During Crandall’s case study of SWIFT, women surveyed in the UMaine School of Forest Resources listed the top three challenges facing women in forestry as: bias, microaggressions and discrimination; isolation, lack of support and networking struggles; and unequal pay and inequality (in 2016), and challenges and barriers to addressing discrimination (in 2019).

“Increasing demographic diversity in forestry benefits us all, on an individual and collective level,” writes Crandall, now an assistant professor at Oregon State University. “Forestry needs creativity more than ever as we balance competing objectives and social preferences related to land management.”

SWIFT takes an adaptive and evidence-based approach while hosting events each academic year to create an inclusive environment. 

Educational readings, discussions, panel sessions, social events, and hands-on training showed promise as ways to effectively engage women in the forestry profession and increase the likelihood they will complete the program and join the workforce, says Crandall.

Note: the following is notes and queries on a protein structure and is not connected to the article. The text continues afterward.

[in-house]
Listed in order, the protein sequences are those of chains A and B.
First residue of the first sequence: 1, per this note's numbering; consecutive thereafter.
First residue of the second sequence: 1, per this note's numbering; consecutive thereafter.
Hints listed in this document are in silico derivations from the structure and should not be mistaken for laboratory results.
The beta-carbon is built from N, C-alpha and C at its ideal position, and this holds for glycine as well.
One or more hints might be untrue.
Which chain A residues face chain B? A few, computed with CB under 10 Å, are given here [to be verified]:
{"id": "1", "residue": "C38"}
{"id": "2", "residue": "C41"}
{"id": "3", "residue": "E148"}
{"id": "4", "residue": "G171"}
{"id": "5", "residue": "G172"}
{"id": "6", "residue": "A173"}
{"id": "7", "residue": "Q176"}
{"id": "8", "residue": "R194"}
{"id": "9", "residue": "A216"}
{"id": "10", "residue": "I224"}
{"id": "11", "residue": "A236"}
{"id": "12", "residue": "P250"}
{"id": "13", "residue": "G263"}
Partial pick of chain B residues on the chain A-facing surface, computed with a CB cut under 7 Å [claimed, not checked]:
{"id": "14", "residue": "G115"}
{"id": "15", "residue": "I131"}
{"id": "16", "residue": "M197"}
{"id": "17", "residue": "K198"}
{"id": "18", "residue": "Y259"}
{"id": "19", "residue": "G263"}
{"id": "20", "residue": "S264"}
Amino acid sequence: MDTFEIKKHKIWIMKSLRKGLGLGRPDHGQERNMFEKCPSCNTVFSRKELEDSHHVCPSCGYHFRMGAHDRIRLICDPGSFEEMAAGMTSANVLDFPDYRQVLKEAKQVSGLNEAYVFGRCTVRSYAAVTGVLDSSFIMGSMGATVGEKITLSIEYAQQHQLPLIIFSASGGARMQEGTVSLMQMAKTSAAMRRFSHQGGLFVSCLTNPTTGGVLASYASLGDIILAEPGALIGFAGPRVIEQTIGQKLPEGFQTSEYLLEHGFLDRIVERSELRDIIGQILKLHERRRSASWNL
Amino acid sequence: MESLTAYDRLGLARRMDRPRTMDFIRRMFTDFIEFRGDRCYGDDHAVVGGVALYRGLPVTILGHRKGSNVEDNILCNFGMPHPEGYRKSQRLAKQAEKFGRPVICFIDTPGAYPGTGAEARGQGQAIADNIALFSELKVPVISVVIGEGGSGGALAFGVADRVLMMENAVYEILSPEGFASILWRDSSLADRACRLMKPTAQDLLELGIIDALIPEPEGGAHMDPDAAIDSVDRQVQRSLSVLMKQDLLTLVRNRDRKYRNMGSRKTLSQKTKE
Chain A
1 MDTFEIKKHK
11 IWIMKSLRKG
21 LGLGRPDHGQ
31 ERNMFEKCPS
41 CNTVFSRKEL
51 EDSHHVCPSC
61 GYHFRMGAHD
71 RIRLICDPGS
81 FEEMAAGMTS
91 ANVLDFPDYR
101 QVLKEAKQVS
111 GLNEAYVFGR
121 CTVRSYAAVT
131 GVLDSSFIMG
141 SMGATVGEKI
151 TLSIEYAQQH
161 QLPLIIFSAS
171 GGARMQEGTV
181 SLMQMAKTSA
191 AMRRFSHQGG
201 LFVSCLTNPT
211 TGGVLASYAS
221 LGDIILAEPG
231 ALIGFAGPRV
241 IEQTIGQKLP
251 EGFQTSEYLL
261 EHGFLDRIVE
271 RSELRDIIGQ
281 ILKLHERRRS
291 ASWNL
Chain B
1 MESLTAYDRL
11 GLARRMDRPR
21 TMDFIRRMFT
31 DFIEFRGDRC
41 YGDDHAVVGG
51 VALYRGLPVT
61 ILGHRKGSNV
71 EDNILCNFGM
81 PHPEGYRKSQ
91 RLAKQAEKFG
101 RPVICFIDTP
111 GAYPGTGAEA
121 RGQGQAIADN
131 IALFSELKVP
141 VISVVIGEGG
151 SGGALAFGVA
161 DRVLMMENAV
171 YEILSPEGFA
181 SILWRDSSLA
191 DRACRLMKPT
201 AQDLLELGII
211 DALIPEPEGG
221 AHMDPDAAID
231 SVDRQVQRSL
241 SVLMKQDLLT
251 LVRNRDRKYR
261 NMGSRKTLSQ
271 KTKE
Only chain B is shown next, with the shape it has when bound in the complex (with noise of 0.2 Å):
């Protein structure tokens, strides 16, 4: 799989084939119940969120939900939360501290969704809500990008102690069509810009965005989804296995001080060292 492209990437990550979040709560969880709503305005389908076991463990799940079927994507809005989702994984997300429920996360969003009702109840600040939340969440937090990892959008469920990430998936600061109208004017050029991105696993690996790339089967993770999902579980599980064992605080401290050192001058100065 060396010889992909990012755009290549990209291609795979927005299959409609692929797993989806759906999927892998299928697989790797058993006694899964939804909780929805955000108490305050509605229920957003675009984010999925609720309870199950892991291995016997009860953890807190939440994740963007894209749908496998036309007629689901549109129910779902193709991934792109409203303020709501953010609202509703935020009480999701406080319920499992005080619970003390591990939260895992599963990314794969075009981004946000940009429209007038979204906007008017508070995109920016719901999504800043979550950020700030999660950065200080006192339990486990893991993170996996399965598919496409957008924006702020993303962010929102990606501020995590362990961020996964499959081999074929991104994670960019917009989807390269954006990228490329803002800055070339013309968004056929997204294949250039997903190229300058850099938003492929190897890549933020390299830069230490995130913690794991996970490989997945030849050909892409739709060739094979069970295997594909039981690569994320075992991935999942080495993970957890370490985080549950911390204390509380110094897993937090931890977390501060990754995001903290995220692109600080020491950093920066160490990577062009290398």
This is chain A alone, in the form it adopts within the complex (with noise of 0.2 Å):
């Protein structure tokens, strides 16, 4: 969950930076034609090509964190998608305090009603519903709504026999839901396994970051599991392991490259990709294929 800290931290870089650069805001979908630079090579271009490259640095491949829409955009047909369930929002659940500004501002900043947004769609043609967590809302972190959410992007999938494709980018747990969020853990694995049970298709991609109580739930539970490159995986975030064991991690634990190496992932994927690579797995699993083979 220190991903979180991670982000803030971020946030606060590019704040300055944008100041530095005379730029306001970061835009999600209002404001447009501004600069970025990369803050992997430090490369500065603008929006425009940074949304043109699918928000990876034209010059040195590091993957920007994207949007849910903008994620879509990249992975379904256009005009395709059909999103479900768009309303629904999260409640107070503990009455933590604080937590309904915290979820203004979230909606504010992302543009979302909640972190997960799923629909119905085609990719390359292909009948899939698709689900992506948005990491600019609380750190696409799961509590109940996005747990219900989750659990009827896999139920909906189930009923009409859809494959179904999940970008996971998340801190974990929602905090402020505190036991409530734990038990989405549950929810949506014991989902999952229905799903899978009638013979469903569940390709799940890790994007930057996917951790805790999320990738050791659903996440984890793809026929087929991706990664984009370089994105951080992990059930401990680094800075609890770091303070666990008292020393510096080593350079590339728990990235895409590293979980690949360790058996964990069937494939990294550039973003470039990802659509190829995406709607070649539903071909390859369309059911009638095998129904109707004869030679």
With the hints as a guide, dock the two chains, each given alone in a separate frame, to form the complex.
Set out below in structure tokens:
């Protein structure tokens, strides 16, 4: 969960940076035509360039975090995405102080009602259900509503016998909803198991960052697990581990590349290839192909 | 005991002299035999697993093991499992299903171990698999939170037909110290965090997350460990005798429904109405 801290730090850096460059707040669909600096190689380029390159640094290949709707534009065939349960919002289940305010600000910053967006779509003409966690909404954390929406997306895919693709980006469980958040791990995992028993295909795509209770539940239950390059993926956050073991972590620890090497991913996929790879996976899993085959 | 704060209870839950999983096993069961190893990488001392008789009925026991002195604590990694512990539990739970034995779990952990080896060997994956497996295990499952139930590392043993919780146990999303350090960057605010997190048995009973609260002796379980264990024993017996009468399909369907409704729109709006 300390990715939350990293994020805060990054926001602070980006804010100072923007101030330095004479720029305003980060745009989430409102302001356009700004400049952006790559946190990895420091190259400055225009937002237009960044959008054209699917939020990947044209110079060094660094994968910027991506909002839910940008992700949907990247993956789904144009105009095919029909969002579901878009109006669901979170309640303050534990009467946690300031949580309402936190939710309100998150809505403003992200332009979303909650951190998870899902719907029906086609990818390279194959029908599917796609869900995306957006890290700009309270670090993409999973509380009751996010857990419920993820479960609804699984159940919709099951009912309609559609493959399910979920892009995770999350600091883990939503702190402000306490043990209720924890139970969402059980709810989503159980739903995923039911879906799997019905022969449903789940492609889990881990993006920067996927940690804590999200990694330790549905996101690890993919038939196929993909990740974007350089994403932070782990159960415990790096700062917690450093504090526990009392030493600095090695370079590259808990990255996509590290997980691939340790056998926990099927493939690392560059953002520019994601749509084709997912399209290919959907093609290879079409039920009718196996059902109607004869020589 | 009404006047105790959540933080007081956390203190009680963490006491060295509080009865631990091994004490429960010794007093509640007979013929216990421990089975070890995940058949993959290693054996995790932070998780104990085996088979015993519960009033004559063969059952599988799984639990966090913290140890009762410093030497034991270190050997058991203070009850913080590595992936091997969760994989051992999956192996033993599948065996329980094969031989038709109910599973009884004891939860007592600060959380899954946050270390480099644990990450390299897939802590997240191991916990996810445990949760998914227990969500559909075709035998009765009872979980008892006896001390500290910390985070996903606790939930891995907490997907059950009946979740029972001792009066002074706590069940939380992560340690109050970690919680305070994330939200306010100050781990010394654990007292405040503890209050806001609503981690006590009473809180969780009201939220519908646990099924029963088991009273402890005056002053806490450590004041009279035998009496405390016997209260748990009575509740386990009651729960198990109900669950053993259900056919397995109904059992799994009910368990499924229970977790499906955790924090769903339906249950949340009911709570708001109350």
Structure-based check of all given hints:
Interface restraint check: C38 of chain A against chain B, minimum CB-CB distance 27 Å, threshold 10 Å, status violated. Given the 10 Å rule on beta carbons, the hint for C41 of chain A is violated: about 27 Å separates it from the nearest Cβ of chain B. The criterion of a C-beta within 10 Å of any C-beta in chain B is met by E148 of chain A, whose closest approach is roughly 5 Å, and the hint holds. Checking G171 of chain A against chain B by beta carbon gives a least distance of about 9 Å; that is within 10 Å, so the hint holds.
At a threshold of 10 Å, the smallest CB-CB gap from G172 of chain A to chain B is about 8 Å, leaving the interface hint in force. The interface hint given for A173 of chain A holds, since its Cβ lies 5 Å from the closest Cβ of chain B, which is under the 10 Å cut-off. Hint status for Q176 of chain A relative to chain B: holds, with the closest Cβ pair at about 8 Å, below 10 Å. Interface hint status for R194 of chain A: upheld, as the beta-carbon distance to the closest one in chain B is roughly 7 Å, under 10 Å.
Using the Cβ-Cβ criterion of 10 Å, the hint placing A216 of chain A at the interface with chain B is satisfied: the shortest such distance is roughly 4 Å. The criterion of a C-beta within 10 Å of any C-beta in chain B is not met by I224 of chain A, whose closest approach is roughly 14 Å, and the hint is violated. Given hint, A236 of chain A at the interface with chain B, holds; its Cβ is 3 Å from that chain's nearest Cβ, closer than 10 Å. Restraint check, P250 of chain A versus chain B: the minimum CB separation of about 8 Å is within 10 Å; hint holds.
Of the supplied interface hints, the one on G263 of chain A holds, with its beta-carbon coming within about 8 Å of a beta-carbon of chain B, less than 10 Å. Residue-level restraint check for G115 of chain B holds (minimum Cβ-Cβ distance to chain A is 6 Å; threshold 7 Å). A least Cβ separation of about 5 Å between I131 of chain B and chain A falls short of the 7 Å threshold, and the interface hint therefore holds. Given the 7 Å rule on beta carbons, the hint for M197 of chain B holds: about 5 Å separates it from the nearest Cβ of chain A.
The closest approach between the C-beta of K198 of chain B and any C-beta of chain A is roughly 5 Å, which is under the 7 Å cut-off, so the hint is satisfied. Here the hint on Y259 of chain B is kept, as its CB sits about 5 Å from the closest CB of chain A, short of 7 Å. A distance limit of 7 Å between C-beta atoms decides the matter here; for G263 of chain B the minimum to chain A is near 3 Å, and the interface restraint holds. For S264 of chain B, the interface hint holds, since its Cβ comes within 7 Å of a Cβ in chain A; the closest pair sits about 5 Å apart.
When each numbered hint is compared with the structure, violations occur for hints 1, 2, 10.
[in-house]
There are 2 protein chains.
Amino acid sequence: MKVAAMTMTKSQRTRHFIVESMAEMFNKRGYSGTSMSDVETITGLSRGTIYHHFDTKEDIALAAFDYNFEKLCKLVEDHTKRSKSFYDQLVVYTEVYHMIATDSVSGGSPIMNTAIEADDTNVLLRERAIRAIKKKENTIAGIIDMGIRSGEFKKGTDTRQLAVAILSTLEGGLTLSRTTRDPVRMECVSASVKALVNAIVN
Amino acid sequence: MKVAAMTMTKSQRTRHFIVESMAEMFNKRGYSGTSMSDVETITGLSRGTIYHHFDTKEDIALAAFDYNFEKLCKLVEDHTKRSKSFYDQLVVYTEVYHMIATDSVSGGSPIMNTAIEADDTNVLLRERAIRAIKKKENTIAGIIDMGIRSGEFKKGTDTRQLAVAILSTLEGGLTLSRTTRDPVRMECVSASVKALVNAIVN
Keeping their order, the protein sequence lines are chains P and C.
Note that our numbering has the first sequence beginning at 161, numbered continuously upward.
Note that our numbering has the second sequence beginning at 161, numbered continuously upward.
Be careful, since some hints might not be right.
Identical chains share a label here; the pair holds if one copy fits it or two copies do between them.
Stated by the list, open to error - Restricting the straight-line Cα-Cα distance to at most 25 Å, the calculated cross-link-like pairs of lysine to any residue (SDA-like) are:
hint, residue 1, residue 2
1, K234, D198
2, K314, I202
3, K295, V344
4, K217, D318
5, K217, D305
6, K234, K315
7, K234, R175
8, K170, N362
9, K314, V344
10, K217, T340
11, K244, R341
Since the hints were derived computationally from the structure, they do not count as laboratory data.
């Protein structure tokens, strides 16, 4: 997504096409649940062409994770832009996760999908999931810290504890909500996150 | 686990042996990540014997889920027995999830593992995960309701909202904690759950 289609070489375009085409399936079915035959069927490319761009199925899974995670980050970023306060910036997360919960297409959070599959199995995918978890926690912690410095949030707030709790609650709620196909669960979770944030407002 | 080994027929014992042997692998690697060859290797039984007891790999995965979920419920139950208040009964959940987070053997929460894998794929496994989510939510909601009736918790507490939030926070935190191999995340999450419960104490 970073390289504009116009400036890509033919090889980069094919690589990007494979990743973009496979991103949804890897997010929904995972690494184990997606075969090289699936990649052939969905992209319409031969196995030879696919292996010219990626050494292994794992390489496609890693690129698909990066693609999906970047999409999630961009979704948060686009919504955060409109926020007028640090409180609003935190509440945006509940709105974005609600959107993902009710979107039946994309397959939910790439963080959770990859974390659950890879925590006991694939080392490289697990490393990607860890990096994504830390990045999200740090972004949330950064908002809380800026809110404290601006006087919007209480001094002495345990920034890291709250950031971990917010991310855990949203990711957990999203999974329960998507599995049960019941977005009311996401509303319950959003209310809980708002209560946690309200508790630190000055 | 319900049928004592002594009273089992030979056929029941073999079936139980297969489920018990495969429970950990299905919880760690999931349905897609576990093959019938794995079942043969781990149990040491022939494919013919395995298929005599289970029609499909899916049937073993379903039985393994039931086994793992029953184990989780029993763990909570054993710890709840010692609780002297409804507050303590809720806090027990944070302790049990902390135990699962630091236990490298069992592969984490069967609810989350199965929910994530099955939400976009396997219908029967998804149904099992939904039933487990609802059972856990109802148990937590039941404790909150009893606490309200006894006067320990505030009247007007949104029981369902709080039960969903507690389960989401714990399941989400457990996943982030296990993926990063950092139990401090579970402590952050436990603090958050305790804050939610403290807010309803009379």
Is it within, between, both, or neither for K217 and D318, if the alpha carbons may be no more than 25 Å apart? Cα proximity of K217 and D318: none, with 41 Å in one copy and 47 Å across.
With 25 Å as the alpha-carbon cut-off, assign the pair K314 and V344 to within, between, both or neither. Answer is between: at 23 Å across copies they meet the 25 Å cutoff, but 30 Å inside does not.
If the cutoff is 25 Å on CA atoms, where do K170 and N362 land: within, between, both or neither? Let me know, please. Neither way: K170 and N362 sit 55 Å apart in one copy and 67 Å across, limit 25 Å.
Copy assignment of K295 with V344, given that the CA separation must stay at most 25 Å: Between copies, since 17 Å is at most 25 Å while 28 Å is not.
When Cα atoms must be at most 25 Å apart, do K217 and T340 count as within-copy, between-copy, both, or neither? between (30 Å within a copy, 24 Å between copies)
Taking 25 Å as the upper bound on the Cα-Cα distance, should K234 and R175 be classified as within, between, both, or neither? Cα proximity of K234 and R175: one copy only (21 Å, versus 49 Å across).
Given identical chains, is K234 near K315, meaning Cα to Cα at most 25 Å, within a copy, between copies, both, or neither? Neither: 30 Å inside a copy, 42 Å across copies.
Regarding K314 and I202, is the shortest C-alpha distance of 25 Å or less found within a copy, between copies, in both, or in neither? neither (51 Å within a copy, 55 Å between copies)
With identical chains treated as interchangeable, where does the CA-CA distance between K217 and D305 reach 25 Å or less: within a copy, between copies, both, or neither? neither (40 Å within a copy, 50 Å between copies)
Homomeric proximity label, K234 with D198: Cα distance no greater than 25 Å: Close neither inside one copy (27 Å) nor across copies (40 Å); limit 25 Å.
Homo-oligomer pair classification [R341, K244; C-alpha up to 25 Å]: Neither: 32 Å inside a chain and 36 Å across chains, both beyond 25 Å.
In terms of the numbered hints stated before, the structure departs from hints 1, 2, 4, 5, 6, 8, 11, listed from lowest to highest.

Respondents reported feeling more aware, connected, confident, and equipped to recognize and respond to bias and discrimination than before SWIFT. 

In 2019, a respondent wrote: “In the past, I sometimes wondered if negative experiences I had as a woman in forestry were due to something I was doing wrong. When encountering gender bias, I would feel uncertain and not respond effectively. Those experiences made me feel isolated and alone. Now I am able to recognize those experiences for what they are, and I know that they are happening because I am a woman and not because of something that is my fault.”